photo: Todd Woody
I wrote this story for Grist, where it first appeared.
When experts try to describe the smart grid, their favorite analogy is the internet.
Just as the internet enabled interactive, two-way communication, the smart grid, we’re told, will deploy sensors and software to digitize a century-old analog electricity distribution system, transforming it into one capable of integrating renewable energy and decentralizing power production.
But while the benefits of the internet are manifest — YouTube, Facebook, Grist! — what will the smart grid do for you and me?
For most people, the most familiar part of the smart grid is the smart meter, those wireless digital devices being installed in homes by the millions so that residents can monitor electricity use in real time rather than through a monthly utility bill that arrives long after the power has been consumed.
Smart meters have been controversial in Northern California, where a number of communities have moved to ban the devices over fears about the potential health effects from their emission of electromagnetic frequencies. (Mobile phones, televisions, and other electronic devices also emit electromagnetic frequencies, and so far there has been no scientific evidence to support the health claims about smart meters.)
A sunnier view of the smart meter as a gateway to a new energy future emerges in Los Angeles, where utility Southern California Edison has built a model home with smart grid technology embedded in everything from the dishwasher to the thermostat.
“It’s much easier to show than tell,” says Mindy McDonald, a Southern California Edison project manager. She is standing outside the “Smart Energy Experience” home that’s been constructed inside the utility’s Customer Technology Application Center, just off the 210 freeway in the inland suburb of Irwindale. “Grappling with the smart grid, it’s much easier to just walk people through,” says McDonald.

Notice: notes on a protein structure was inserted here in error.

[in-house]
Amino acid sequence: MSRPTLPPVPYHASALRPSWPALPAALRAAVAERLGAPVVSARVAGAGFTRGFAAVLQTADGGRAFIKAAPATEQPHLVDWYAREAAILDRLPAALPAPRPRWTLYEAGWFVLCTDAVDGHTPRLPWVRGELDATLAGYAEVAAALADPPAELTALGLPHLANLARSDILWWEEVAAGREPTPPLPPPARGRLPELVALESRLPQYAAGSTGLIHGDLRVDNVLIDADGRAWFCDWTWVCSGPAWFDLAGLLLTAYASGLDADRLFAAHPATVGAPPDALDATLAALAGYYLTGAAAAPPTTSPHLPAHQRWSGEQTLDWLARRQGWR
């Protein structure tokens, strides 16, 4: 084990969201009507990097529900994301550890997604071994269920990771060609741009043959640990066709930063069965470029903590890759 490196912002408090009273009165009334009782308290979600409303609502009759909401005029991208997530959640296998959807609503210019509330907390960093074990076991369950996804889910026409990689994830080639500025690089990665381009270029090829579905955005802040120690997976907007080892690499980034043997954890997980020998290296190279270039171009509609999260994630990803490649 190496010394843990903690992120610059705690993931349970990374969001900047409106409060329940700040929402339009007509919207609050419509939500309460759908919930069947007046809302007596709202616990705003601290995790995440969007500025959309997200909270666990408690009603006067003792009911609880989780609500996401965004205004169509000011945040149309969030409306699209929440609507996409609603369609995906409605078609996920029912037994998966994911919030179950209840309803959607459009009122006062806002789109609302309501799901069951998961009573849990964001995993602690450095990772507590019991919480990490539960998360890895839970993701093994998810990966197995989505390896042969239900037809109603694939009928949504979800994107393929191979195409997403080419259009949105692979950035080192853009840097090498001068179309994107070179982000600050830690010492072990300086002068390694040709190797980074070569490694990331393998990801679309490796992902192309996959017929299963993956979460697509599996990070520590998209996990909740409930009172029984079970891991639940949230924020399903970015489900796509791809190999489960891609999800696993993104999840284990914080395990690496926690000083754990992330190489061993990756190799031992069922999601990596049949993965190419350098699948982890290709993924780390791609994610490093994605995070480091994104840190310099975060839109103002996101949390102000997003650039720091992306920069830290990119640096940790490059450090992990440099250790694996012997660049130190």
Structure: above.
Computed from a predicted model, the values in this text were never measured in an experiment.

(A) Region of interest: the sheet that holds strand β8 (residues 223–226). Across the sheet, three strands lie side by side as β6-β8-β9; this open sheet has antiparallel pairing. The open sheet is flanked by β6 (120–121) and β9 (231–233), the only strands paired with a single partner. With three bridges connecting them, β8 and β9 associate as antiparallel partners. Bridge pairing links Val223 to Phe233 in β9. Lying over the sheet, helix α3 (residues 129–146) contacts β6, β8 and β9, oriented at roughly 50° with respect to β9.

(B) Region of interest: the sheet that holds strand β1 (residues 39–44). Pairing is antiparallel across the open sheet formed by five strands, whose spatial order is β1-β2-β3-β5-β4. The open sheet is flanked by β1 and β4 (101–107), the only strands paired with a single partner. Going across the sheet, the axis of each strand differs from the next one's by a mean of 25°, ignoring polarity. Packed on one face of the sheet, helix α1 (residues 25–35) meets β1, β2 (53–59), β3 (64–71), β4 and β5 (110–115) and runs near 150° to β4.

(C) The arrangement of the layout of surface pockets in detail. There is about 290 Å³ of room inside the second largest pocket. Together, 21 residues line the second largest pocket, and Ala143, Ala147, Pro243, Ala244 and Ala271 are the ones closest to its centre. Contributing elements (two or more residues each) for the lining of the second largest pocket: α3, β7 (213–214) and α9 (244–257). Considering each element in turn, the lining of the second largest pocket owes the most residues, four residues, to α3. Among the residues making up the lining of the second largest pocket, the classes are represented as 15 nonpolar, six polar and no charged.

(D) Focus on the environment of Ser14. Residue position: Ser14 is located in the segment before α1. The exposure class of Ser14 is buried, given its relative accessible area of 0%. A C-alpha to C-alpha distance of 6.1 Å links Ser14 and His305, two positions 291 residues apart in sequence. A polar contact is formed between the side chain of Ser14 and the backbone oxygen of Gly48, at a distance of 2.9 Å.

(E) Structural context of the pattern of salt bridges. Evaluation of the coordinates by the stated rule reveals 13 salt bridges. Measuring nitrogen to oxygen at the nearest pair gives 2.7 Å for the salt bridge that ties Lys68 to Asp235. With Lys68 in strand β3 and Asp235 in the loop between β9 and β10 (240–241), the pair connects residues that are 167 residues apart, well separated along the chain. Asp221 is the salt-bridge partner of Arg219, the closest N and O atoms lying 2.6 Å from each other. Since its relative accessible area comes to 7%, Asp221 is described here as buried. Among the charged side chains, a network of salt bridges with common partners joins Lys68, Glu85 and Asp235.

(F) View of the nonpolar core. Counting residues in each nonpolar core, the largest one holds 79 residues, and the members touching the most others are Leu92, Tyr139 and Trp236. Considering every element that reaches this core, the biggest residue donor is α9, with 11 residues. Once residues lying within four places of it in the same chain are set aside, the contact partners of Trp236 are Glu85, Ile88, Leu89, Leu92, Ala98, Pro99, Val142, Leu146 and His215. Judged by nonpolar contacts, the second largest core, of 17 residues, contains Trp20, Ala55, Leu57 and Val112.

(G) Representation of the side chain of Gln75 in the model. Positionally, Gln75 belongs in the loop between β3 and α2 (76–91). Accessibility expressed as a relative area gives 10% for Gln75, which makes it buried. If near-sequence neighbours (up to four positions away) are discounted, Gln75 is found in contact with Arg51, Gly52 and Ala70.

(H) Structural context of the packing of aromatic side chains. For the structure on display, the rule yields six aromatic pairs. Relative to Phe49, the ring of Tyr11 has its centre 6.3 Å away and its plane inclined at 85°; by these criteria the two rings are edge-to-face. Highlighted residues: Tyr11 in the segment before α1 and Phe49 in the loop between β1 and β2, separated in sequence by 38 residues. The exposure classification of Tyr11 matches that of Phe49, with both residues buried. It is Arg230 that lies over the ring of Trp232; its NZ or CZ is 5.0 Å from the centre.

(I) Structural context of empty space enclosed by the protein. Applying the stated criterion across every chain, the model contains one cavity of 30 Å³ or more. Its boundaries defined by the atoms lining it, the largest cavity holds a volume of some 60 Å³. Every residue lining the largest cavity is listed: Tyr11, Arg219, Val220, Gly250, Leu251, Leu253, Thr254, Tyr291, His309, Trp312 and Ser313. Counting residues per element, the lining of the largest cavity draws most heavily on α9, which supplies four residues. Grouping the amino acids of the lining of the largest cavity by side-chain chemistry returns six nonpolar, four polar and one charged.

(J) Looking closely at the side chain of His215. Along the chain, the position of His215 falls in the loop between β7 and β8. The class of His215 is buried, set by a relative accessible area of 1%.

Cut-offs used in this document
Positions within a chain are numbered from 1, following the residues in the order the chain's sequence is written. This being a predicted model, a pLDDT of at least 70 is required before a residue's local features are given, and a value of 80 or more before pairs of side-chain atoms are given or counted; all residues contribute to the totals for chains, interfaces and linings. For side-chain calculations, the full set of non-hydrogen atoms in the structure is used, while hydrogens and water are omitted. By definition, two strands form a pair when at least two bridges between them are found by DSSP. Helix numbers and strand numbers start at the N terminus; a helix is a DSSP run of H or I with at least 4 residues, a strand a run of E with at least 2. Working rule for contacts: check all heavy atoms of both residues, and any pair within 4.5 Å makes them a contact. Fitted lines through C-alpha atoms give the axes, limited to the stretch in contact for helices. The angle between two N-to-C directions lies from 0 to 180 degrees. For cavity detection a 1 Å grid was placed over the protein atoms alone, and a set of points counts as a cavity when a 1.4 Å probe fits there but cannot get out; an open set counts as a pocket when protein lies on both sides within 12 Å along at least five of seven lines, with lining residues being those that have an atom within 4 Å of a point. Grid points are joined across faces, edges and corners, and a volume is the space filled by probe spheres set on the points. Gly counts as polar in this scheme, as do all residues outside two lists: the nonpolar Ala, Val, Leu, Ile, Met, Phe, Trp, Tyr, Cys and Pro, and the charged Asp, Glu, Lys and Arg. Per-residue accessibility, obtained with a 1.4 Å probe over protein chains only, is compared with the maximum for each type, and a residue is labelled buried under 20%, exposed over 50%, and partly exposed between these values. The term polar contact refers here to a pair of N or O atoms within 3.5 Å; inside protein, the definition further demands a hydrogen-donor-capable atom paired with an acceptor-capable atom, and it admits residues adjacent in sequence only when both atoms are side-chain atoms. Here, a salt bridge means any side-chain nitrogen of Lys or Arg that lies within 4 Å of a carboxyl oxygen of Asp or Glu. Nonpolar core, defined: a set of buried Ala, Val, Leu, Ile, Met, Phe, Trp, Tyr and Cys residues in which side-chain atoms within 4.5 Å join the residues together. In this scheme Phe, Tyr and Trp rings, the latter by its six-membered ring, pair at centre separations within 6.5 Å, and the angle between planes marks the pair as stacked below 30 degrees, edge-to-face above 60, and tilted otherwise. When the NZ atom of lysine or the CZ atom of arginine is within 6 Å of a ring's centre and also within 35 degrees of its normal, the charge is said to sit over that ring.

The idea is to show people how smart grid technology can cut their electricity bills, reduce the need to build additional fossil fuel plants, and therefore cut greenhouse gas emissions.
A Coda electric car is parked in the stylish suburban ranch’s garage. Solar panels, a solar hot water system, and a wind turbine sit on the roof. LEDs provide the home’s lighting, and every appliance contains communication chips, allowing them to “talk” to each other and to the utility through the smart meter attached to the front of the house.
A video screen in the living room displays the home’s energy management system, and a large flat screen in the kitchen tracks the amount of electricity being consumed and its cost.
When McDonald turns on the washing machine and the air conditioner and then plugs in the car, an “energy speedometer” on the screen shows the cost of electricity rapidly accelerating from 11 cents an hour to $2.81. The display also tells the homeowner how much electricity has been consumed so far in the day and the price per kilowatt-hour.
“It’s really has an impact when you can see how much it’s costing and they realize that maybe they should turn something off,” McDonald says. “Most people don’t pay any attention to what electricity costs until they get their bill and it’s too late to do anything about it.”
The utility so far has installed smart meters in about a fifth of the 4.9 million households and businesses it serves. Beginning in January, those customers can set a monthly electricity budget and receive a text alert, email, or phone call when they’re on track to exceed their limit, according to McDonald.
Another upcoming program, called Save Power Days, will let customers sign up to have their electricity consumption automatically curtailed when demand — and prices — spike, say on a hot summer afternoon. In return, they could save up to $200 a year on their bills.
“Your meter would receive a notification and send it to your programmable communicating thermostat, and it would automatically raise or lower the home’s temperature,” says McDonald. “If you have energy management system, you could set it up any way you want.”